Activist hedge fund Third Point has taken a stake of nearly $1 billion in Intel and called on the chipmaker to consider shedding its manufacturing operations, throwing a core part of its strategy into question.
The firm with $15 billion in assets run by Daniel Loeb made a number of demands in a letter sent to Intel’s chairman Omar Ishrak on Tuesday and seen by the Financial Times.
In the letter, Mr Loeb said that Intel was “once the gold standard for innovative microprocessor manufacturing” but had fallen behind manufacturing competitors in East Asia such as TSMC and Samsung.
His intervention comes as Intel faces a critical decision over its future as a leading-edge manufacturer of semiconductors—a position it has held for decades, and the source of its dominance in the PC era.
Bob Swan, its chief executive, has indicated that he will decide early next year whether Intel should outsource a significant part of its most advanced manufacturing, or even get out of leading-edge production altogether, after a series of slips.
The company in July revealed it had hit a new hurdle in trying to move to the next generation of manufacturing technology, where the features on chips are reduced to a width of only 7 nanometres.
That compounded a series of missteps that helped cement the lead seized by TSMC, the Taiwanese chip company that manufacturers semiconductors on behalf of many of the world’s biggest chip designers, including Nvidia, Qualcomm and AMD.
Intel has lost some $60 billion in market value over the past year, Mr Loeb pointed out, as he took aim at the chipmaker’s corporate governance.
“We cannot fathom how the boards who presided over Intel’s decline could have permitted management to fritter away the company’s leading market position while simultaneously rewarding them handsomely with extravagant compensation packages,” Mr Loeb wrote.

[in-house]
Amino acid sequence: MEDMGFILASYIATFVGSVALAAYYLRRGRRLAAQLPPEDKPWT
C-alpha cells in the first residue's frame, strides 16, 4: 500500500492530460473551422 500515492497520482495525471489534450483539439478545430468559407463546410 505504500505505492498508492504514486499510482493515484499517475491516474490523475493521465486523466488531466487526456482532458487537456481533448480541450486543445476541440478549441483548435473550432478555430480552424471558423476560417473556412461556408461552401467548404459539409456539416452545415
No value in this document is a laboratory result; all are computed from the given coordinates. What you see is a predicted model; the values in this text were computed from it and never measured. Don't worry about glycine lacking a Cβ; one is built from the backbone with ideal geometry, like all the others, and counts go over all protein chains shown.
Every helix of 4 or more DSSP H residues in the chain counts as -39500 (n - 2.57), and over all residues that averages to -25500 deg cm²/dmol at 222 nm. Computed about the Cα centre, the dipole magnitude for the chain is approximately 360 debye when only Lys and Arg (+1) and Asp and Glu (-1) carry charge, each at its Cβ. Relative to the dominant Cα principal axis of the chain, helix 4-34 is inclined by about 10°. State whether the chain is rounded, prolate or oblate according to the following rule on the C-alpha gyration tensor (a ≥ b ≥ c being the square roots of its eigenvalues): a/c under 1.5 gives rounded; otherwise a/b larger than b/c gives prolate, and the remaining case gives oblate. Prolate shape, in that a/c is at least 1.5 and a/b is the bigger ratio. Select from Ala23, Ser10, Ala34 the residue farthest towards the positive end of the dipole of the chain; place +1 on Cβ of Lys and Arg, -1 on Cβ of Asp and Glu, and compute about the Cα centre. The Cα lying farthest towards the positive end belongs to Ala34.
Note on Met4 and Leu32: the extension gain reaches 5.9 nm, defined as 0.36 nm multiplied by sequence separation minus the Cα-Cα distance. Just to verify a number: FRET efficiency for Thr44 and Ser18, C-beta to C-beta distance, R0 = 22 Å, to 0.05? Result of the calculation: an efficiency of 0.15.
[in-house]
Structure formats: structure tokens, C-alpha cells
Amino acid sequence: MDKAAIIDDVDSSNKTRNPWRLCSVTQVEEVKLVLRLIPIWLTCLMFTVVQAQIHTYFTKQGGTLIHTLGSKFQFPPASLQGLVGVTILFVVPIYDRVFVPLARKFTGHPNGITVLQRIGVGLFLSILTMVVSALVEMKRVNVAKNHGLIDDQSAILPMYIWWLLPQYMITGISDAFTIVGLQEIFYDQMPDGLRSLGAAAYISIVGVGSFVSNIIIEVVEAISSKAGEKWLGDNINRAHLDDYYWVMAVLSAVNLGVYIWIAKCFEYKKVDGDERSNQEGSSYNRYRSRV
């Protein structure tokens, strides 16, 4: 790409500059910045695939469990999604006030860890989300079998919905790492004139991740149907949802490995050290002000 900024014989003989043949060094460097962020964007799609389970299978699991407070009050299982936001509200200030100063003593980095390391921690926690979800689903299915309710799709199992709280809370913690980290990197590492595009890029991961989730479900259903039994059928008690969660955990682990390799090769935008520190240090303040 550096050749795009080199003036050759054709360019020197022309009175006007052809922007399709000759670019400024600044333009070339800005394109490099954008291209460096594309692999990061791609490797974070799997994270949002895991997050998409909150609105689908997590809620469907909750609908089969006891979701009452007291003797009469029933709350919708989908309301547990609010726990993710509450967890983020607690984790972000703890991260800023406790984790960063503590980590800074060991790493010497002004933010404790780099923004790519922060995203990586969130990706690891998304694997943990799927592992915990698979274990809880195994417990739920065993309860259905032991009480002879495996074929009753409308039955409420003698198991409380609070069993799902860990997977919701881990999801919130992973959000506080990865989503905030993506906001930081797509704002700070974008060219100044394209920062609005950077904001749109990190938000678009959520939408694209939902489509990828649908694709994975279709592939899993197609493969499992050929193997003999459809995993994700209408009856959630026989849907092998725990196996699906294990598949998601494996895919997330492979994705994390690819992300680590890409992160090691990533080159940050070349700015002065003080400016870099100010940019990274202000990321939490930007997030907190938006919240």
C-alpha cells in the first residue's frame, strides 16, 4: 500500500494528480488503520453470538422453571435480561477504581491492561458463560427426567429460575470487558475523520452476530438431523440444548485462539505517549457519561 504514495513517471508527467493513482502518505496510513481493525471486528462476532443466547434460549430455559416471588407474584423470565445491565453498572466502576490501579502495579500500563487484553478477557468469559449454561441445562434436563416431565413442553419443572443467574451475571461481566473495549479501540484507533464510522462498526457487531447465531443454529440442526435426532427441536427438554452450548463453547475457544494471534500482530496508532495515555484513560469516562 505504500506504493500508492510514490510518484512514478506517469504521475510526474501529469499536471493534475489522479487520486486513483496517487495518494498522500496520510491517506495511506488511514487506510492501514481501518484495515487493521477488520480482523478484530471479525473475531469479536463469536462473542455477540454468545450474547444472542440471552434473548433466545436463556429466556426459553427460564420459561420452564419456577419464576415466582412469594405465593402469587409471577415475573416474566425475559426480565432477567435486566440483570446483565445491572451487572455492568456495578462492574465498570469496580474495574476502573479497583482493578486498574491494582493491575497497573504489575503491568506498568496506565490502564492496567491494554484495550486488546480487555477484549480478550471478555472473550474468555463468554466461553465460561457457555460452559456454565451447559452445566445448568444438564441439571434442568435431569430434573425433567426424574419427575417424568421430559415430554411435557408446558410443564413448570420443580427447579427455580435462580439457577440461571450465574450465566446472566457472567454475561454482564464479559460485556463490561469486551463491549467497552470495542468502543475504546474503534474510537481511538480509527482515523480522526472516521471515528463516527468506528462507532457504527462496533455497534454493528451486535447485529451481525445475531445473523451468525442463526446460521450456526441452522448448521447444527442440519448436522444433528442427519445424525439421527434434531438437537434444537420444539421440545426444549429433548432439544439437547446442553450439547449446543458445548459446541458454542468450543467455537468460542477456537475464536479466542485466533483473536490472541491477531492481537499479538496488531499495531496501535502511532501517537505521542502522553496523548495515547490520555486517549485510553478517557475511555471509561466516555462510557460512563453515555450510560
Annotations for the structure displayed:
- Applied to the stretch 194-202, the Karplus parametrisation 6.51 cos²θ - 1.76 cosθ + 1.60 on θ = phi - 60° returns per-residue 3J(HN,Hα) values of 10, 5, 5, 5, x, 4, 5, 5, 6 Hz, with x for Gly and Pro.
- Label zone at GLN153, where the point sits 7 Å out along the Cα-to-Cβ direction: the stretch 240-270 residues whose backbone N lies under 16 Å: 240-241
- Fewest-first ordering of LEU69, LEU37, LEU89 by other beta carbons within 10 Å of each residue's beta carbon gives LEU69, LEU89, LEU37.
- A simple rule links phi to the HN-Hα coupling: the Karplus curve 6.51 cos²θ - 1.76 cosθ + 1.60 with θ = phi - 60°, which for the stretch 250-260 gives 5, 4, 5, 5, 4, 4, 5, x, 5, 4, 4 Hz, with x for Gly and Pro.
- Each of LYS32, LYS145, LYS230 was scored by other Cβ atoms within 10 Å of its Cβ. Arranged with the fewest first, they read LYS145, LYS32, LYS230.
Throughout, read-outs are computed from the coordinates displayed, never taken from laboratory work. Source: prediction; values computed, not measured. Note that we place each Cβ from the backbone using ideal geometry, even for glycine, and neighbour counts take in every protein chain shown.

The hedge fund said it was particularly concerned at the loss of talent at Intel, saying the company had lost many of its best chip designers while the ones that remained “are becoming increasingly demoralized.”
Mr Loeb said Intel should hire investment advisers to determine whether the company should both design and manufacture chips as well as consider divesting failed acquisitions, though the letter did not point to any specific examples.
“Intel welcomes input from all investors regarding enhanced shareholder value,” the company said in a statement. “In that spirit, we look forward to engaging with Third Point on their ideas towards that goal.”
Ending its efforts to physically make the most advanced semiconductors would mark a turning point in Intel’s fortunes, while also leaving the US without a top chip manufacturer.
Mr Loeb called its difficulties a “critical concern” that could have broader implications on America’s national security if the US was forced to rely on companies located in “geopolitically unstable” regions to “power everything from PCs to data centers to critical infrastructure and more.”
Intel shares rose more than 5 percent on news of Mr Loeb’s letter, which was first reported by Reuters.
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